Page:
Fanta-Scienza 2, when genre literature dialogues with science

Fanta-Scienza 2, when genre literature dialogues with science

Fanta-Scienza 2

The word science fiction, or if we want Fanta-Science, is very fascinating in the contradiction it brings with it: it is a literary genre (and cinematographic, artistic etc.) that constantly imagines the future and innovation, but often the connection with the foundation scientific is very labile, reinterpreted as it is by the imagination - in fact - of the authors. However, there is a whole trend that seeks to reunite fantasy and science, and the volume Fanta-Science 2, published by Delos Digital, focuses on this. Edited by Marco Passarello, journalist with a degree in aeronautical engineering, translator and curator of science fiction series, the volume is the sequel to a first one published already in 2019, of which he recovers the concept. That is to ask the leading researchers of the Italian Institute of Technology, who thus offer the ideas on which as many science fiction authors base their stories.

The result is an original and varied anthology, in which styles meet and generations that are very different from each other, contaminating “historical” science fiction with younger authors, the purest genre and new, more “external” approaches to this universe. Galeotto, for the realization of this second chapter of the anthology, was Bruce Sterling, who in turn had been the inspiration of the first volume and who had promised: “If you make a second volume, I want to be there! ". Passarello did not miss the opportunity ("Could I have dropped the offer of a writer of his caliber?") And here we can read Mare Nostrum, in which the not always linear dialectic between a captain in flesh and blood that confronts a completely robotic yacht. The starting point in this case comes from Antonio Bicchi, professor of robotics at the University of Pisa and director of the soft robotics laboratory: "The ambition is to create a bionics that is perceived as natural by people, "says the researcher.

In the 250 pages of the book, the alternation between academic testimonies and narrative digressions produces a truly interesting review, which reveals not only the many fictional inventions but also the most advanced contemporary researches: ranging from the integration between human sciences and technology by Arianna Traviglia of the Ca 'Foscari University to the engineering of two-dimensional materials studied by Camilla Coletti of the IIT of Pisa; from the environmental solutions proposed by Fabrizio Pirri, director of the IIT Center for technologies for a sustainable future, to the collaboration with technologies carried out by Alessandra Sciutti and her unit Contact and so on. As can already be seen from these first names, unlike what often happens in the Stem area, there are many names of researchers as well as the representation of writers (Clelia Farris, Irene Drago, Serena M. Barbacetto).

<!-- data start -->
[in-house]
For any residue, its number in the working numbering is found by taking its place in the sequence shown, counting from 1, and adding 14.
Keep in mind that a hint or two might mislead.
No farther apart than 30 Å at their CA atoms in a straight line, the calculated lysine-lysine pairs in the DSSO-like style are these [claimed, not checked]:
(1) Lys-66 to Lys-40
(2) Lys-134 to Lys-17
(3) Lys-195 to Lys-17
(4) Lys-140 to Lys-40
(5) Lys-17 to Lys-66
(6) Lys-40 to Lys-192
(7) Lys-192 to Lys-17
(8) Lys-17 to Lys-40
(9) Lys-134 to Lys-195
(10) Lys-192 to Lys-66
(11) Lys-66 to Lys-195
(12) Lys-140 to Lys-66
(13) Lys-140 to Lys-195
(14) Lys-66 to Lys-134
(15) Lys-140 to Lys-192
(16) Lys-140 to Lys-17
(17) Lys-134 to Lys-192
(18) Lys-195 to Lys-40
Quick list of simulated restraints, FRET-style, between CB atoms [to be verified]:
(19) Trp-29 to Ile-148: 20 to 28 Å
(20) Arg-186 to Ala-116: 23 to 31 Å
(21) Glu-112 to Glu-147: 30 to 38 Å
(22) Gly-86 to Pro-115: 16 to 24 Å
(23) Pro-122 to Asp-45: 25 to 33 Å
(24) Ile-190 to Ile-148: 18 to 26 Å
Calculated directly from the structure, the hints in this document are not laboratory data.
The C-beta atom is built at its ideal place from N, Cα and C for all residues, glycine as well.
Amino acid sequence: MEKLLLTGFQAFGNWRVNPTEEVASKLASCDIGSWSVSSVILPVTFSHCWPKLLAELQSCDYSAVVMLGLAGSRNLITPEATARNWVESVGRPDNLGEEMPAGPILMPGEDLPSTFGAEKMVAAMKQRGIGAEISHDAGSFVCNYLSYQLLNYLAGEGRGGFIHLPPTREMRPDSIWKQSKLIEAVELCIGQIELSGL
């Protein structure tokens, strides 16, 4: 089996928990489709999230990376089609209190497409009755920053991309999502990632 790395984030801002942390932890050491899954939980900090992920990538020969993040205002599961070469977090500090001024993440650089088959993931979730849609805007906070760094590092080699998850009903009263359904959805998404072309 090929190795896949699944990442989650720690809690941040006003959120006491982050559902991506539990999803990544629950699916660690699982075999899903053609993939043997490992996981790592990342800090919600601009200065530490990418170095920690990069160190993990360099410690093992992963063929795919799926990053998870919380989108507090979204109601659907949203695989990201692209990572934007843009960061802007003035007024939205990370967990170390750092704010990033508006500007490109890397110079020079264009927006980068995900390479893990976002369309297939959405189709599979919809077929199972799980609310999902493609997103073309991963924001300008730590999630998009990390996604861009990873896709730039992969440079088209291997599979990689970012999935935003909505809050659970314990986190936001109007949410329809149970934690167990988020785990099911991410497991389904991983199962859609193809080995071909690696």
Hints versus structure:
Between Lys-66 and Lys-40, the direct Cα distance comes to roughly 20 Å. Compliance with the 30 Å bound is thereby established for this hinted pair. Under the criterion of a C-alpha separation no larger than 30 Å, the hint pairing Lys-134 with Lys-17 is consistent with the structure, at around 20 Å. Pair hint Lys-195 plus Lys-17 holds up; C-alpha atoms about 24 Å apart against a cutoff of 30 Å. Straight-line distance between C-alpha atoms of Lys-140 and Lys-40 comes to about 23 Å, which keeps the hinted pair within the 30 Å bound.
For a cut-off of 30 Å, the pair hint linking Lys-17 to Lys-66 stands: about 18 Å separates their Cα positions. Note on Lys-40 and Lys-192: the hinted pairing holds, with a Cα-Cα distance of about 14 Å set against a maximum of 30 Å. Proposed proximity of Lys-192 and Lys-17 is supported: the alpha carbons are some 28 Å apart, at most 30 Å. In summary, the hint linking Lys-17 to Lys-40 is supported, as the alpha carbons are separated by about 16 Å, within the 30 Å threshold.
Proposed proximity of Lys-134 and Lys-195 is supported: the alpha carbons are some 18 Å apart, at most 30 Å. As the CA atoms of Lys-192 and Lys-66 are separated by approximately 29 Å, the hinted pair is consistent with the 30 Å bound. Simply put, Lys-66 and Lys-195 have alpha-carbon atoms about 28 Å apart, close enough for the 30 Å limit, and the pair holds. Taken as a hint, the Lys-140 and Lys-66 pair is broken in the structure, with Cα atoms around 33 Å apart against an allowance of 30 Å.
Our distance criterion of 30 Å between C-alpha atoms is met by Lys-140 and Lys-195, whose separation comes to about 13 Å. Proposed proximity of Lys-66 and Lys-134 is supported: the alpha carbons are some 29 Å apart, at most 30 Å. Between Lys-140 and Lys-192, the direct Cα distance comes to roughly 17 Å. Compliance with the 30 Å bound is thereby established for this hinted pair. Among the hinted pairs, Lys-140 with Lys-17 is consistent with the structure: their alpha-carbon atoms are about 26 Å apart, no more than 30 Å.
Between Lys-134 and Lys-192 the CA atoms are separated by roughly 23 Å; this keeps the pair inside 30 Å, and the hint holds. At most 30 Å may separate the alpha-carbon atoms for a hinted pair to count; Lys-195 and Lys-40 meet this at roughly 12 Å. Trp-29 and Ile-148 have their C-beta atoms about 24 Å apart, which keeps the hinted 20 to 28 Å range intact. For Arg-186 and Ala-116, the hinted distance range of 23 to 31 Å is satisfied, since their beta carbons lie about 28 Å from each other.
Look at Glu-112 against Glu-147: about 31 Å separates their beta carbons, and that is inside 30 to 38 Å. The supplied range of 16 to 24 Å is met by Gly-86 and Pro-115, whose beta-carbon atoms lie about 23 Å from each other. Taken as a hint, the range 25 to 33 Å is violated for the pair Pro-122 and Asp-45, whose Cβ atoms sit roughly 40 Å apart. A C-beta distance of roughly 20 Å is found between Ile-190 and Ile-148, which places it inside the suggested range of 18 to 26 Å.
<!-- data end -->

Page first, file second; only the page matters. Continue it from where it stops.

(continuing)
The inclusiveness of this collection is also given by the thematic extension that covers, for example, the possibilities that robotic innovations offer for people with visual impairments or for those on the autism spectrum, as well as solutions for environmental sustainability and social that guarantee a future different from the many dystopias that even in these stories are touched and embraced. The trait that emerges most clearly from this anthology, in its succession of real researches and invented scenarios, is that the science (and therefore science fiction) of these years does not only concern machines, robots and digital but rather they are always and in any case, a way to bring discourse back to the human being, to his potential to be increased, to his problems to be solved, to his existence that can always be improved, integrated, advanced.

All this while maintaining a level of quality very high literary: Ouija di Passerello, for example, is an intriguing and at times ironic contamination of the procedural genre with the ethical and gnoseological doubts of mind reading; Lukha B. Quickly See You Kremo imagines a blind girl supported by a chip whose signals involve her in a worrying investigation; Drago's Junk Boulevard hints at the unexpressed - and very colorful - potential of non-coding DNA; Barbacetto's disease recalls in a disturbing way lethal pandemics unfortunately very familiar to us. There is always a fund of disquiet and marginality in these stories and in all the other collections, but very often technology and the future are also harbingers of hope, possibilities, positive revolutions. Above all of awareness, which is a bit like the ultimate goal of this Fanta-Scienza 2 too, to make readers aware that there is no science fiction without science.

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